California Walnuts Certified with American Heart Association’s “Heart-Check Mark”
FOLSOM, Calif., Sept. 23, 2011 /PRNewswire/ — California Walnuts is proud to announce that the American Heart Association is now certifying walnuts as a heart-healthy food. The Heart-Check mark easily identifies foods that meet the nutritional standards set by the American Heart Association and provides consumers a quick and reliable way to identify heart-healthy foods.
Cardiovascular diseases (CVD), including heart disease and stroke, are the leading cause of death and disability in the U.S. (1) The disease process can start early in life and is influenced over time by lifestyle behaviors including poor nutrition. The Heart-Check mark can help consumers take a step in the right direction in making good food choices. “Eating a handful of walnuts a day is a delicious way to protect the heart,” says Michael Roizen, M.D. Institute Chair, Chief Wellness Officer Wellness Institute Cleveland Clinic. “Walnuts offer antioxidants, vitamins, fiber, protein and the only nut providing a significant amount of the plant-based omega-3 fatty acid alpha-linolenic acid (ALA) (2). People would be nuts not to include them in their diet.” In fact, some of the most popular nuts on grocery store shelves do not contain any ALA.
There is a strong body of scientific research on walnuts, which began in 1993 with the landmark Loma Linda University study conducted by Dr. Joan Sabate Chair and Professor of the Department of Nutrition at the School of Public Health, showing walnuts lower LDL ‘bad’ cholesterol by as much as 16 percent. Considering almost 50 California walnut studies have been published to date, Dr. Sabate believes that “the strength of research on walnuts makes them an essential food for heart patients.”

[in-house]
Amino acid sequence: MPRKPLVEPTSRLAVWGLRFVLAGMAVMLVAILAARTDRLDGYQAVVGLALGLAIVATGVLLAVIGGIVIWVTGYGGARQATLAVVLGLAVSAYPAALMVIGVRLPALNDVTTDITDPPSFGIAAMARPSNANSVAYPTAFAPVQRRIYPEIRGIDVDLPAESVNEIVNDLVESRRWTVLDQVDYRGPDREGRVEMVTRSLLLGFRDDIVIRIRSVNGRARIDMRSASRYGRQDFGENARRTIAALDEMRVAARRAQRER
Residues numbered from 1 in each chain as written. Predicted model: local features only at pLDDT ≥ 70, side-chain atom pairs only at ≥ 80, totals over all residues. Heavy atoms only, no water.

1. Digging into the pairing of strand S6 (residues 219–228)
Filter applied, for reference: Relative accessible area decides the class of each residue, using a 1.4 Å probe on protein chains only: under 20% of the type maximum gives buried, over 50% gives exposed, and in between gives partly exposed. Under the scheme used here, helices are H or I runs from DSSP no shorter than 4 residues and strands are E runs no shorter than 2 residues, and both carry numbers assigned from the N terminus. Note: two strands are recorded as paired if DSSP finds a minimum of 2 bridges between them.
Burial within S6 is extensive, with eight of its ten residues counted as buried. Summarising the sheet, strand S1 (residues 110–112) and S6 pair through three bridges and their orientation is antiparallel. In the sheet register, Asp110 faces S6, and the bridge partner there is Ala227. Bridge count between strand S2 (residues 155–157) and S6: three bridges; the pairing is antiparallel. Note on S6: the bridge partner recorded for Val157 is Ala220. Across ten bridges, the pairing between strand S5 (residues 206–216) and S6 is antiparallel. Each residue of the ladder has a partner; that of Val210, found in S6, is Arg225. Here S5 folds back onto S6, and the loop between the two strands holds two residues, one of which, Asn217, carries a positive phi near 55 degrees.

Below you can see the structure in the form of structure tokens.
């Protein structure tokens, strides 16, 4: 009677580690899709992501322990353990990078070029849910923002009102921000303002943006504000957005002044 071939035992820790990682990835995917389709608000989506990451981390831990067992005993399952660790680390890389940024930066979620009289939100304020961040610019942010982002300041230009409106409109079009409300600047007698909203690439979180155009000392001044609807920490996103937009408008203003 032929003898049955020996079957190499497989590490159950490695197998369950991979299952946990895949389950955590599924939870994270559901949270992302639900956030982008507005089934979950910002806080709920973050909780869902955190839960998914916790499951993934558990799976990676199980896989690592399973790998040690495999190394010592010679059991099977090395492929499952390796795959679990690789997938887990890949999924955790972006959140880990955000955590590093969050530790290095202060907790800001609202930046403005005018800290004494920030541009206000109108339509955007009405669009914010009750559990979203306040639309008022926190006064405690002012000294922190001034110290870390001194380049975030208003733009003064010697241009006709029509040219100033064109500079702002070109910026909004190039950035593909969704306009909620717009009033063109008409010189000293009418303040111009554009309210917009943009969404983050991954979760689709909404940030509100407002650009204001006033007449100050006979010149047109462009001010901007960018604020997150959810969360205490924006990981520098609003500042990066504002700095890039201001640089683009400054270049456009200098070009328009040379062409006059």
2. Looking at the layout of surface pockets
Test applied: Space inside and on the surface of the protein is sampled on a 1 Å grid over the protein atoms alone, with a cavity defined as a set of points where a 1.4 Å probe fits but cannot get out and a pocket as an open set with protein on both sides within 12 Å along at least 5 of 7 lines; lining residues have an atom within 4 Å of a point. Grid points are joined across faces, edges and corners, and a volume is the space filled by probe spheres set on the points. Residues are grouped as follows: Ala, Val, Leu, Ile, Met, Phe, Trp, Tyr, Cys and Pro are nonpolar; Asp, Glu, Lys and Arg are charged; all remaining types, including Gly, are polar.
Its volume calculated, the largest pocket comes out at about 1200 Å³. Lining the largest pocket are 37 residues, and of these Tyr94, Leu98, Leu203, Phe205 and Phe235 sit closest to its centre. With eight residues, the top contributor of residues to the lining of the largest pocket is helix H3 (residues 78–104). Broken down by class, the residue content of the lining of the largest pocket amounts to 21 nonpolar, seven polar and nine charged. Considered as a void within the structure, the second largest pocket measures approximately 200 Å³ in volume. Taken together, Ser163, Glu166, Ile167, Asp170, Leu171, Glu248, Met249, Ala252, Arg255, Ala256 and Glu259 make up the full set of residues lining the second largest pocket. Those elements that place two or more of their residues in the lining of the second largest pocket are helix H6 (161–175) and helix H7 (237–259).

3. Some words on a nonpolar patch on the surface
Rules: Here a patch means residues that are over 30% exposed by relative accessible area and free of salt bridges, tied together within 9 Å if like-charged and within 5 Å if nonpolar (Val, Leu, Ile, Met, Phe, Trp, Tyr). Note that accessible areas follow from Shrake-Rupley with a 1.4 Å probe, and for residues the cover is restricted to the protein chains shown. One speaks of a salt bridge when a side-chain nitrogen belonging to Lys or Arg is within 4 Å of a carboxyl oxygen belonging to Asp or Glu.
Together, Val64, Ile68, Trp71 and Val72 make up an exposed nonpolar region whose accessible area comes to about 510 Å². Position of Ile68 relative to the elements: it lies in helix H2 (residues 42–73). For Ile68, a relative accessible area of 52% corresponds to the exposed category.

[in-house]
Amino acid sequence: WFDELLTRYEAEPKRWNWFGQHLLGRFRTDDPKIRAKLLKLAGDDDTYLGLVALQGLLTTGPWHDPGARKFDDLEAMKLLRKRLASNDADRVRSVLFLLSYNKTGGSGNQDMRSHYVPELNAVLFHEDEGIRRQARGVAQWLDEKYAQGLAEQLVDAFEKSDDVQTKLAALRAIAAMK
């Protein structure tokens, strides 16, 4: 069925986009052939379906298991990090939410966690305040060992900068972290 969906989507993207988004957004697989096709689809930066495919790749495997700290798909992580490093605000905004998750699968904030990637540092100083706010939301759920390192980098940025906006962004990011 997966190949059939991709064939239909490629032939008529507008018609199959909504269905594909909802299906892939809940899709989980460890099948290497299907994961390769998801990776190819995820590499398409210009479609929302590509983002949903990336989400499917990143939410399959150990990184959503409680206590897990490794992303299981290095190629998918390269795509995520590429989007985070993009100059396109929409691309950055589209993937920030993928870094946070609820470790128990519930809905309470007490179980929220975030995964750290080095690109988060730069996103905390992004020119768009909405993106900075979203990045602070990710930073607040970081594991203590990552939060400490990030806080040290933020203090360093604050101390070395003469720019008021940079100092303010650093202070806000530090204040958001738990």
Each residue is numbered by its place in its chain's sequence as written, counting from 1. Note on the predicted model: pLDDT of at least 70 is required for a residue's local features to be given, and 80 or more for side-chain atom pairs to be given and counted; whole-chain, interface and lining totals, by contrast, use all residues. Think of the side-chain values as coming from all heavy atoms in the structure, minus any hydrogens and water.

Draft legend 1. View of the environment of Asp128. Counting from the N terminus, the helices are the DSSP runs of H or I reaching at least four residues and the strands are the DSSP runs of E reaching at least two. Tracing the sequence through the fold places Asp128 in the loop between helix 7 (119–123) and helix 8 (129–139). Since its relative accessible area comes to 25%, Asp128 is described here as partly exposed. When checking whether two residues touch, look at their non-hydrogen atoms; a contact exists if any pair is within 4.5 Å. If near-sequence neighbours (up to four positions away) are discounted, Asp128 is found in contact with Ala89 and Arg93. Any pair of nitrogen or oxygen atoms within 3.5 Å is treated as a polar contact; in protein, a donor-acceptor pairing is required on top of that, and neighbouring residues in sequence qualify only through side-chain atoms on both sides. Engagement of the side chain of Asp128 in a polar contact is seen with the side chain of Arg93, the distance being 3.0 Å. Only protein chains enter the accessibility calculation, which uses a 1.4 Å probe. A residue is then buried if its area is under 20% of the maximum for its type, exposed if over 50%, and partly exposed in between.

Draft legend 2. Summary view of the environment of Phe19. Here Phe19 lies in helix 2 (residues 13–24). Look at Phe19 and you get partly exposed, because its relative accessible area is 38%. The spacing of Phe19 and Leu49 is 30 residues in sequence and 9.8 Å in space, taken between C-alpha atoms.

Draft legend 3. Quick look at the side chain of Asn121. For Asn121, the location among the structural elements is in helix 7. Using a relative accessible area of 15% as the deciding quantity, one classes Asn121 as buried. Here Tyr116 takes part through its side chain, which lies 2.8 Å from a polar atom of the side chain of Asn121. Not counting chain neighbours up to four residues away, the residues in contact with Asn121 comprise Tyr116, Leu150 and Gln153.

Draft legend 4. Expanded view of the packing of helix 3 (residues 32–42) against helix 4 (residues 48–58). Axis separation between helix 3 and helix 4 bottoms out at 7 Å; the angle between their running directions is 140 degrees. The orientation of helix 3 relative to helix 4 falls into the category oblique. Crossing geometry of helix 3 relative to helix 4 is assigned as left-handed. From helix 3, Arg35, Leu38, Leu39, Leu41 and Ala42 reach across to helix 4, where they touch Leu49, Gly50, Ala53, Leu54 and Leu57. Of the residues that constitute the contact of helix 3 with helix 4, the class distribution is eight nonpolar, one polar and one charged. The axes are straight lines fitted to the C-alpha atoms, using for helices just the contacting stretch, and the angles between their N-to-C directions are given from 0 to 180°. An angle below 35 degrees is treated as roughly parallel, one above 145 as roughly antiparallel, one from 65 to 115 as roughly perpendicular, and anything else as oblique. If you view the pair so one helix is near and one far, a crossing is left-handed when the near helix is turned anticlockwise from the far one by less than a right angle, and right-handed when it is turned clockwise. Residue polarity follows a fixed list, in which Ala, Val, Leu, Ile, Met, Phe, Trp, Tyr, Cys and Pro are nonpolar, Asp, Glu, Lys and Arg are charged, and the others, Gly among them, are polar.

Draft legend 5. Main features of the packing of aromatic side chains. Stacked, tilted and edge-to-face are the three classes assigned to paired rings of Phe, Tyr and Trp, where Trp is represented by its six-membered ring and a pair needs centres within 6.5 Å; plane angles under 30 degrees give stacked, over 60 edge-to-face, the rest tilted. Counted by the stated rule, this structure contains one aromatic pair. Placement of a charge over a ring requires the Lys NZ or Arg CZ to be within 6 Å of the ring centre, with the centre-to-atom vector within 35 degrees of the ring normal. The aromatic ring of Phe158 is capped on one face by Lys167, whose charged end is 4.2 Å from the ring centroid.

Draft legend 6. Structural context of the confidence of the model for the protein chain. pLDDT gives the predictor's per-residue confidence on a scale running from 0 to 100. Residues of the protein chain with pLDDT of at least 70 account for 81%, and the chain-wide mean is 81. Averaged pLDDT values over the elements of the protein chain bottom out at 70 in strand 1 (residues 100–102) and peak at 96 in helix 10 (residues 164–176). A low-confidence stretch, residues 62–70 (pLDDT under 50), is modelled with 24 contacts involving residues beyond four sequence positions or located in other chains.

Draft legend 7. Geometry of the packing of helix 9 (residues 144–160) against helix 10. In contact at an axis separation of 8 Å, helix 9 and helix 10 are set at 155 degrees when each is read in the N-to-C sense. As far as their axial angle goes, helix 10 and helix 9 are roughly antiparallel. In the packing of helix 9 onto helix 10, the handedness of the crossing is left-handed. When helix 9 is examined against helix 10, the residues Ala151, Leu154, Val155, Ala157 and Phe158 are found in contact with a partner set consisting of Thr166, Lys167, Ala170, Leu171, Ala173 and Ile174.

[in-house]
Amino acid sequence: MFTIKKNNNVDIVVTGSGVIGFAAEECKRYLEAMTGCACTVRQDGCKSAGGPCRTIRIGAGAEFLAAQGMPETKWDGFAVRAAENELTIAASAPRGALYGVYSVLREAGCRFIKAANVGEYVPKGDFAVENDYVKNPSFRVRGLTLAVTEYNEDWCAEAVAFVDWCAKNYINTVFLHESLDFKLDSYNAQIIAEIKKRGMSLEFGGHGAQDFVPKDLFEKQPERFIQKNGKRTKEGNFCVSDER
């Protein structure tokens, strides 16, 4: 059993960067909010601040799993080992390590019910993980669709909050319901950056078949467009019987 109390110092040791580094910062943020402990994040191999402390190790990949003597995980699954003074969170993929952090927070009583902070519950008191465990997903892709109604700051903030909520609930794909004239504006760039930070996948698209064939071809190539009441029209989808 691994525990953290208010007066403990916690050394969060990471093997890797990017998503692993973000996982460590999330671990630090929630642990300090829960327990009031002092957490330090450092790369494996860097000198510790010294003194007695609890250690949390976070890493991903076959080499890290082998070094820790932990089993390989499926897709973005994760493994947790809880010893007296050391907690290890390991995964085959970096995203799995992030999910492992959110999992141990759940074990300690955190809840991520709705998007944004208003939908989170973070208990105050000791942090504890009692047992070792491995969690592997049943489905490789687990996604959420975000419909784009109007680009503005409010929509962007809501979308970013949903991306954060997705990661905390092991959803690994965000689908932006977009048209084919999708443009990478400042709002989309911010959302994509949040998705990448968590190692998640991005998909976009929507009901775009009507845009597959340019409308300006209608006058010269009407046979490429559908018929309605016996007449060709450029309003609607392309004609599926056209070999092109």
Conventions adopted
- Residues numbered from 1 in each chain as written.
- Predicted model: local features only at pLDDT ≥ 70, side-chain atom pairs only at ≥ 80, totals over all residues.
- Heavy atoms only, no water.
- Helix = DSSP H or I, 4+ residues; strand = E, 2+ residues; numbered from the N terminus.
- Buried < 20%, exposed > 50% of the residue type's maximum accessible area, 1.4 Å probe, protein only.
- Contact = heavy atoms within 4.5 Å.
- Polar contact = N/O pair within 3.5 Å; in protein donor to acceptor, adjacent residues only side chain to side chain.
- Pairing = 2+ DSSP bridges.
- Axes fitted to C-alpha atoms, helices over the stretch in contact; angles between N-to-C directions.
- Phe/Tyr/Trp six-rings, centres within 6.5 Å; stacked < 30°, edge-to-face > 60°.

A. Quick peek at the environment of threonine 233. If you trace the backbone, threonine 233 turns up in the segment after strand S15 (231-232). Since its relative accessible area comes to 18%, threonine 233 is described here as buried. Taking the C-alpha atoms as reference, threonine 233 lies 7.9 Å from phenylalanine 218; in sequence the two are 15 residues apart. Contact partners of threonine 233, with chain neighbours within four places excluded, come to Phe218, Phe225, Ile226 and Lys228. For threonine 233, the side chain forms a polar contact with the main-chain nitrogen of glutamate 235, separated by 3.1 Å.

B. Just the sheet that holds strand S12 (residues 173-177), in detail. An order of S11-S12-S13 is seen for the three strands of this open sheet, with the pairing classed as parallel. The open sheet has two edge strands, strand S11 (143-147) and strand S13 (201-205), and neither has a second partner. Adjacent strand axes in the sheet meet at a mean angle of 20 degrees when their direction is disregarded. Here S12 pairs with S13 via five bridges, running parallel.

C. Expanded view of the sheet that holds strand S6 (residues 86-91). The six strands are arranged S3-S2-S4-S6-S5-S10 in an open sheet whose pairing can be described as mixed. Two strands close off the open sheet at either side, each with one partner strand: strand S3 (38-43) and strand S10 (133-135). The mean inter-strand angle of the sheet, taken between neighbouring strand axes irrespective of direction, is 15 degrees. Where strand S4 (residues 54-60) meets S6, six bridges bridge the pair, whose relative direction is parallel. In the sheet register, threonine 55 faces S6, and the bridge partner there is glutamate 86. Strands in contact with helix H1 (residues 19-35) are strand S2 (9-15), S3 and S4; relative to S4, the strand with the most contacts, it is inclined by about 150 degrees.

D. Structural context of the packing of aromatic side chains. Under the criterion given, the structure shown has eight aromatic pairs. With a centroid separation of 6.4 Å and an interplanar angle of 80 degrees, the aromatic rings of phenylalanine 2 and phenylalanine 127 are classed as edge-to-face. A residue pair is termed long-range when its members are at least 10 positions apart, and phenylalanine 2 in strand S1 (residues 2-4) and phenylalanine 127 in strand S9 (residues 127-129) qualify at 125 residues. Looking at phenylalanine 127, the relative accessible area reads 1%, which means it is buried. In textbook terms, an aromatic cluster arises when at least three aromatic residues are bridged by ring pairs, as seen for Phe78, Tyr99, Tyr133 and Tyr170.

The cardioprotective effects of walnuts have been studied at world-renowned institutions including Harvard, Penn State and Yale Universities and Beth Israel Deaconess Medical Center. The research substantiating the specific benefit of consuming walnuts as part of a heart-healthy diet in reducing the risk of heart disease is so strong that in 2004 the U.S. Food and Drug Administration (FDA) granted walnuts one of the first qualified health claims for a whole food (3).
Dr. Rachel Johnson, Ph.D., R.D., the Bickford Green and Gold Professor of Nutrition at the University of Vermont and an American Heart Association spokesperson said, “We know that consumers have relied on the American Heart Association’s Heart-Check mark to easily identify heart-healthy foods for more than 15 years. Adding nuts, fish and other foods that are rich sources of good fats, monounsaturated and polyunsaturated fats, enhances the program and gives more healthy options consumers can choose with the same trust factor.”
The American Heart Association’s Heart-Check mark is a credible reference and an icon that consumers trust. In fact, 83 percent of consumers have an aided awareness of the Heart-Check mark, and 73 percent of primary grocery shoppers say the Heart-Check mark improves the likelihood that they’ll buy a product (4).
Dr. Penny Kris-Etherton, distinguished professor of nutrition at Penn State University believes “the Heart-Check mark on walnuts is an important step forward in our thinking about how to eat heart healthy. Emphasizing good fats is important and walnuts are loaded with good fats in the form of polyunsaturated fatty acids.” She states “unsalted walnuts are nutrient-dense and a can easily fit in a heart-healthy diet.”